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Building Resiliency During Covid19

Virginia Cancer Specialists Practice Blog

December 23, 2020
Virginia Cancer Specialists » VCS Practice News » Social Work » Building Resiliency During Covid19

Resiliency is defined by the American Psychological Association as the “process of adapting well in the face of adversity, trauma, tragedy, threats or significant sources of stress…”. We may notice that we are feeling exhaustion and/or fatigue that is associated with trying to adapt to changes related to the Covid-19 pandemic.  Quarantine fatigue can emerge in different ways. We don’t have our usual opportunities for socialization to help manage stress. We may have feelings of loneliness and/or sadness, due to being less connected to the outside world.

Common symptoms of quarantine fatigue include:

  • Experiencing increased irritability
  • Suffering anxiety
  • Feeling tense
  • Insomnia or oversleeping
  • Eating too little or too much
  • Having a lack of motivation
  • Experiencing reduced productivity
  • Losing focus and concentration
  • Having social withdrawal.

Our ability to maintain resiliency is necessary, but can be difficult when we are under increased stress.

How can we build resiliency and adapt to the ongoing changes in our lives due to Covid-19?

BUILD CONNECTIONS – We’re all in this together! Seek support from others when needed. Give support to those in need. This could be as simple as offering a listening ear.

  • Communicate with your family, friends, coworkers, caregivers and others about stress while maintaining social distancing (at least 6 feet).
  • Identify things that cause stress and work together to identify solutions.
  • Talk openly with about how the pandemic is affecting you.
  • Ask about how to access mental health resources that might help.

FOSTER WELLNESS -Take care of yourself both physically and mentally. Be aware of the signs that you need to check in with yourself and your self-care routine.

  • Identify those things which you do not have control over and do the best you can with the resources available to you.
  • Increase your sense of control by developing a consistent daily routine when possible — ideally one that is similar to your schedule before the pandemic.
  • Keep a regular sleep schedule
  • Take breaks to stretch, exercise, or check in with your supportive family, friends, colleagues and coworkers.
  • Spend time outdoors, either being physically active or relaxing.
  • Take breaks from watching, reading, or listening to news stories, including social media. Hearing about the pandemic repeatedly can be upsetting and mentally exhausting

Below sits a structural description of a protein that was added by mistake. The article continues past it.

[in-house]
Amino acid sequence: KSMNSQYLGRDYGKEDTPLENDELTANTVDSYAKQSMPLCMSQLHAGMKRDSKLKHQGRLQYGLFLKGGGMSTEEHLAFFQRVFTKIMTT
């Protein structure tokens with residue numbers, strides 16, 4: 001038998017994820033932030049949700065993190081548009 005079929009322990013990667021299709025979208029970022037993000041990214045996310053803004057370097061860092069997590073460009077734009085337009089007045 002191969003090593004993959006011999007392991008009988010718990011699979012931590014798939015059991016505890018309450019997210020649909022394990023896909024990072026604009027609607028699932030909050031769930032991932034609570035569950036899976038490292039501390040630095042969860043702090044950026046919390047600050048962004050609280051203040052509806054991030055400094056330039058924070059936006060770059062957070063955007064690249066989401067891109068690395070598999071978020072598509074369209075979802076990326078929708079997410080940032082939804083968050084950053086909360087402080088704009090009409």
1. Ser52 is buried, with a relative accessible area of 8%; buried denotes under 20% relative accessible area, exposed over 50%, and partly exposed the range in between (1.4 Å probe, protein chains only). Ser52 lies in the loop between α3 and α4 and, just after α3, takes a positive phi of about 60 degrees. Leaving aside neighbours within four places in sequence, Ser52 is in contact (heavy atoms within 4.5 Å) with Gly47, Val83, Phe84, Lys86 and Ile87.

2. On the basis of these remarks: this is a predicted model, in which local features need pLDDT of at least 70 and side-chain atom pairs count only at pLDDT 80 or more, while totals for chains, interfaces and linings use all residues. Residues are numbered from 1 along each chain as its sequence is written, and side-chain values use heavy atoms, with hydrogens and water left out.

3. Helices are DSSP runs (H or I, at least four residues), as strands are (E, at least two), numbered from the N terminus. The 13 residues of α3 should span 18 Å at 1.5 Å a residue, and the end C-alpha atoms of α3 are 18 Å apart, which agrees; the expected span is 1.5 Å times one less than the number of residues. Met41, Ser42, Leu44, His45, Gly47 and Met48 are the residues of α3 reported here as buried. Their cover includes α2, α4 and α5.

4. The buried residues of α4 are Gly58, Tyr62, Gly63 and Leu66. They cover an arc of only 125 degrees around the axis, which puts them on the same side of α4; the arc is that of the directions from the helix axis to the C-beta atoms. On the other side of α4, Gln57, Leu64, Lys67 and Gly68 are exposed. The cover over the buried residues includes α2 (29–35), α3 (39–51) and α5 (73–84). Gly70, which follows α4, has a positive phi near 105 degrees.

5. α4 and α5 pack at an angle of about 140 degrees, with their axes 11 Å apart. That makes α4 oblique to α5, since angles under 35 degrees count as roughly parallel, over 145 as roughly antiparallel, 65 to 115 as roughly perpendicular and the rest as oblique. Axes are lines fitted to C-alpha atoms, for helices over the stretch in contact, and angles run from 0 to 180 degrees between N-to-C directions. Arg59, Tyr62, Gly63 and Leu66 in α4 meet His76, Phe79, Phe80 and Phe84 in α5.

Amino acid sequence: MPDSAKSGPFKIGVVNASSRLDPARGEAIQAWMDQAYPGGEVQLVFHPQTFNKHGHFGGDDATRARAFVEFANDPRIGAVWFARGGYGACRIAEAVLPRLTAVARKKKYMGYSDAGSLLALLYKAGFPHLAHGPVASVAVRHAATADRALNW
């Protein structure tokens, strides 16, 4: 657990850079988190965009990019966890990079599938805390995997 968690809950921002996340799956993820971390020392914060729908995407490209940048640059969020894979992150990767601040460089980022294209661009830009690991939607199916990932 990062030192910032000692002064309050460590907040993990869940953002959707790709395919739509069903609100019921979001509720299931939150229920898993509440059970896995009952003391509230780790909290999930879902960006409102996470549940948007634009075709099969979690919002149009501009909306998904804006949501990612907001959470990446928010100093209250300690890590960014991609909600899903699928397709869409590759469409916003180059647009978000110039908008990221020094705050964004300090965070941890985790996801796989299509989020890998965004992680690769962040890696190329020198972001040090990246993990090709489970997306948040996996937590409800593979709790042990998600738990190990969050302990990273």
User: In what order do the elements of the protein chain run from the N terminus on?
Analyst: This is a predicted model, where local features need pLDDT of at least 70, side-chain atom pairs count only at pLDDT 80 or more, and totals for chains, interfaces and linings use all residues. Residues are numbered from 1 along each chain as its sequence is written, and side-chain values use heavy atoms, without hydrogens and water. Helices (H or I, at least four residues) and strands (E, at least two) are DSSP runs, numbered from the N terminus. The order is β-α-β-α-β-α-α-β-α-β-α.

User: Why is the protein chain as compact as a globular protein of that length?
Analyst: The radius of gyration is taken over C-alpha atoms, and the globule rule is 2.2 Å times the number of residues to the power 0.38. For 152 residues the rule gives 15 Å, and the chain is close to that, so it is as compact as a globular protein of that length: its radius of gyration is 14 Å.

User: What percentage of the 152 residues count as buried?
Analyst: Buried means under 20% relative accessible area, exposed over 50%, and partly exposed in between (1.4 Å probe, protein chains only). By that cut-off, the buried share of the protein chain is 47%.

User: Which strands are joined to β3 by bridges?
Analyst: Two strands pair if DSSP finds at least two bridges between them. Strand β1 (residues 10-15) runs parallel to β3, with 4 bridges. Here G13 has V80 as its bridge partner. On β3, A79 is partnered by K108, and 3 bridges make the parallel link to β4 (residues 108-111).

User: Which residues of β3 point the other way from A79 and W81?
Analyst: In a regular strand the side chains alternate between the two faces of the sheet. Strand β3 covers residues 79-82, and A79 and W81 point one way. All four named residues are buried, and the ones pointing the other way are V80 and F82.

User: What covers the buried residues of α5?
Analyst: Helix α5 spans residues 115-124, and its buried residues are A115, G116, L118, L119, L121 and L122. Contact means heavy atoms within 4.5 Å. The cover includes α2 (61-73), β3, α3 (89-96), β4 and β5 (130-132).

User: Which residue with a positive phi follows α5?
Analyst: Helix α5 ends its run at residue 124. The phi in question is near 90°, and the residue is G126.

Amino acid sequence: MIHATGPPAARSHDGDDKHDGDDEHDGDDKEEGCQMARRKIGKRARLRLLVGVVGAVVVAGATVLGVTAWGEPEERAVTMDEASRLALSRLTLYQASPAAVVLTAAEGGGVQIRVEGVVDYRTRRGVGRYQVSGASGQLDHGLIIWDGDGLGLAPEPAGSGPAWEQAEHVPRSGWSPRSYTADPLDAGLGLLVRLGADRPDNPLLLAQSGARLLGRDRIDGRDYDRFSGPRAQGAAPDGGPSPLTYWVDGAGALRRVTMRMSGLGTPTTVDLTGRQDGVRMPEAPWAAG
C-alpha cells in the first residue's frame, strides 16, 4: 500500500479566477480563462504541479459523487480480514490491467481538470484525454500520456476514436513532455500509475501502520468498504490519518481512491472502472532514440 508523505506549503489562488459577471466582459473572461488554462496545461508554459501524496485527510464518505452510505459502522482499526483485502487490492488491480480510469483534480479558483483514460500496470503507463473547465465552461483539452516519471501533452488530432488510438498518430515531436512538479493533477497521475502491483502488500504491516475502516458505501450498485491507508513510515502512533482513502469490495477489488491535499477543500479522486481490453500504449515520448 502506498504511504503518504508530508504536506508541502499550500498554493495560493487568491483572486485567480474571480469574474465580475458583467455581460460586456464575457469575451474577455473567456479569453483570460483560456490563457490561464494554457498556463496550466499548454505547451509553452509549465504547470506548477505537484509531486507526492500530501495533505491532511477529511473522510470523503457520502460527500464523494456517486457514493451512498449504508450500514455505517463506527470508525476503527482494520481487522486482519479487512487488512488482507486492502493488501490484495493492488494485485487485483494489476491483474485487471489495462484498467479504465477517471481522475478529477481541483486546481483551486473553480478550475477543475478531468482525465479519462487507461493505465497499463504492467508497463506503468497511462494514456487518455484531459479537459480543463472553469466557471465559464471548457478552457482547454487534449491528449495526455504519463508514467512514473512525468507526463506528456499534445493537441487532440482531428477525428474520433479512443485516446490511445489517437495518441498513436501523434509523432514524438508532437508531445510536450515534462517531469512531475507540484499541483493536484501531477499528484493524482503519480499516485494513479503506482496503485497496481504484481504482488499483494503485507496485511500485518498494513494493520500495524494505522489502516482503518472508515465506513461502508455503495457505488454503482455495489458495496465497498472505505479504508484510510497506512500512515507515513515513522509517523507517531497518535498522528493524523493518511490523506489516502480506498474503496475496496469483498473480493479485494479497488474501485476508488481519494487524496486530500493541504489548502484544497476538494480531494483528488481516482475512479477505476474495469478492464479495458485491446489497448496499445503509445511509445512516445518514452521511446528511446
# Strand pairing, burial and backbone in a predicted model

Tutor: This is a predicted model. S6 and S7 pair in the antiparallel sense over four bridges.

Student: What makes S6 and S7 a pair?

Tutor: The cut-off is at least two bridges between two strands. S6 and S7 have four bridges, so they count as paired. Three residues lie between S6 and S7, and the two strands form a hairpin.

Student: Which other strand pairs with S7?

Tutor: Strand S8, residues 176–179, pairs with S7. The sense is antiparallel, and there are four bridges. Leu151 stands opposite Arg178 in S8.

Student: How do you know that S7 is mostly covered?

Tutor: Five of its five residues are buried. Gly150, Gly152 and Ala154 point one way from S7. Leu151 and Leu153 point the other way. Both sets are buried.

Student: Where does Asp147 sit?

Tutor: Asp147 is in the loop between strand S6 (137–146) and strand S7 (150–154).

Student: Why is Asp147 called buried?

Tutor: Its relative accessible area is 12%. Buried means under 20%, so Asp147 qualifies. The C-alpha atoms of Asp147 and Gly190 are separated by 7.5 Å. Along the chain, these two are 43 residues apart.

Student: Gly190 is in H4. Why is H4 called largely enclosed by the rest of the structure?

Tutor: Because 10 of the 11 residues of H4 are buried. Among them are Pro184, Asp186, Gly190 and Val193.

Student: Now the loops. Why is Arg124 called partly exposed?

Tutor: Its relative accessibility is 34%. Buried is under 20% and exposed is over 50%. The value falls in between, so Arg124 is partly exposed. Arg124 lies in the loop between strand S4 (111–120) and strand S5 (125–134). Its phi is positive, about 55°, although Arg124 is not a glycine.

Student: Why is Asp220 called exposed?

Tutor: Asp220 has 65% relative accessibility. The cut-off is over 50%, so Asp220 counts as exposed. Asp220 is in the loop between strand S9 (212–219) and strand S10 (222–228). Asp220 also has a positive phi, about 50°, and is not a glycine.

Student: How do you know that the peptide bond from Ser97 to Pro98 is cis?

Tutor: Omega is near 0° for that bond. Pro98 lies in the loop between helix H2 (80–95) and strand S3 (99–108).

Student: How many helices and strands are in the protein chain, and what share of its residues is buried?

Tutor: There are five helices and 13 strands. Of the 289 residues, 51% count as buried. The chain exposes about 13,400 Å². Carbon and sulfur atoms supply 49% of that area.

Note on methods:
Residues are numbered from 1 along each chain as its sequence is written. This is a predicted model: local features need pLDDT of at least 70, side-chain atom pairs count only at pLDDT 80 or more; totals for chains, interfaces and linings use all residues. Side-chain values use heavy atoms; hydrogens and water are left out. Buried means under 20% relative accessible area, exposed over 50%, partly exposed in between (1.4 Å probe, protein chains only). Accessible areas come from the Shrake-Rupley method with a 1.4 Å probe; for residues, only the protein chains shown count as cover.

SEEK HELP when needed:

  • If you feel you may be misusing alcohol or other drugs (including prescription drugs) as a means of coping, reach out for help.
  • If you are being treated for a mental health condition, continue with your treatment and be aware of any new or worsening symptoms.
  • As we approach the holiday season, we may be faced with difficult decisions on how we can celebrate safely. For many, the holidays are a time for gathering with loved ones. The season can also bring stress due to the demands involved. The holiday season can also remind us of losses we have experienced, resulting in emotions related to grief. These stressors may be exacerbated due to Covid-19 and the limitations for on gathering. The Centers for Disease Control (CDC) offers suggestions for gathering within these social limitations: Travel and large gatherings can increase the chance of getting and spreading Covid-19. Staying home is the best way to protect yourself and others. If you must travel, be informed of the risks involved.

Lower risk activities

  • Having a small dinner with only people who live in your household
  • Preparing traditional family recipes for family and neighbors, especially those at higher risk of severe illness from COVID-19, and delivering them in a way that doesn’t involve contact with others
  • Having a virtual dinner and sharing recipes with friends and family
  • Shopping online rather than in person on the day after Thanksgiving or the next Monday
  • Watching sports events, parades, and movies from home

Moderate risk activities

  • Having a small outdoor dinner with family and friends who live in your community
  • Visiting pumpkin patches or orchards where people use hand sanitizer before touching pumpkins or picking apples, wearing masks is encouraged or enforced, and people are able to maintain social distancing
  • Attending a small outdoor sports events with safety precautions in place

Higher risk activities – Avoid these higher risk activities to help prevent the spread of the virus that causes COVID-19:

  • Going shopping in crowded stores
  • Participating or being a spectator at a crowded race
  • Attending crowded parades
  • Using alcohol or drugs, which can cloud judgement and increase risky behaviors
  • Attending large indoor gatherings with people from outside of your household

If you are having difficulty coping with the stress of the holidays, remember: build connections, foster wellness, and seek help.

      • American Psychological Association, 2020
      • Goessl, Leigh, “Signs You Are Experiencing Quarantine Fatigue and What to Do”, Washington Post, Aug 13, 2020
      • CDC.gov, “Employees: How to Cope with Job Stress and Build Resilience During the COVID-19 Pandemic”
      • Centers for Disease Control, https://www.cdc.gov/coronavirus/2019-ncov/daily-life-coping/holidays.html, October 20

Author: Tracy Tierney, LCSW, Oncology Social Worker, VCS, Virginia Cancer Specialists

Patients: Contact our Oncology Social Work Team if you need assistance: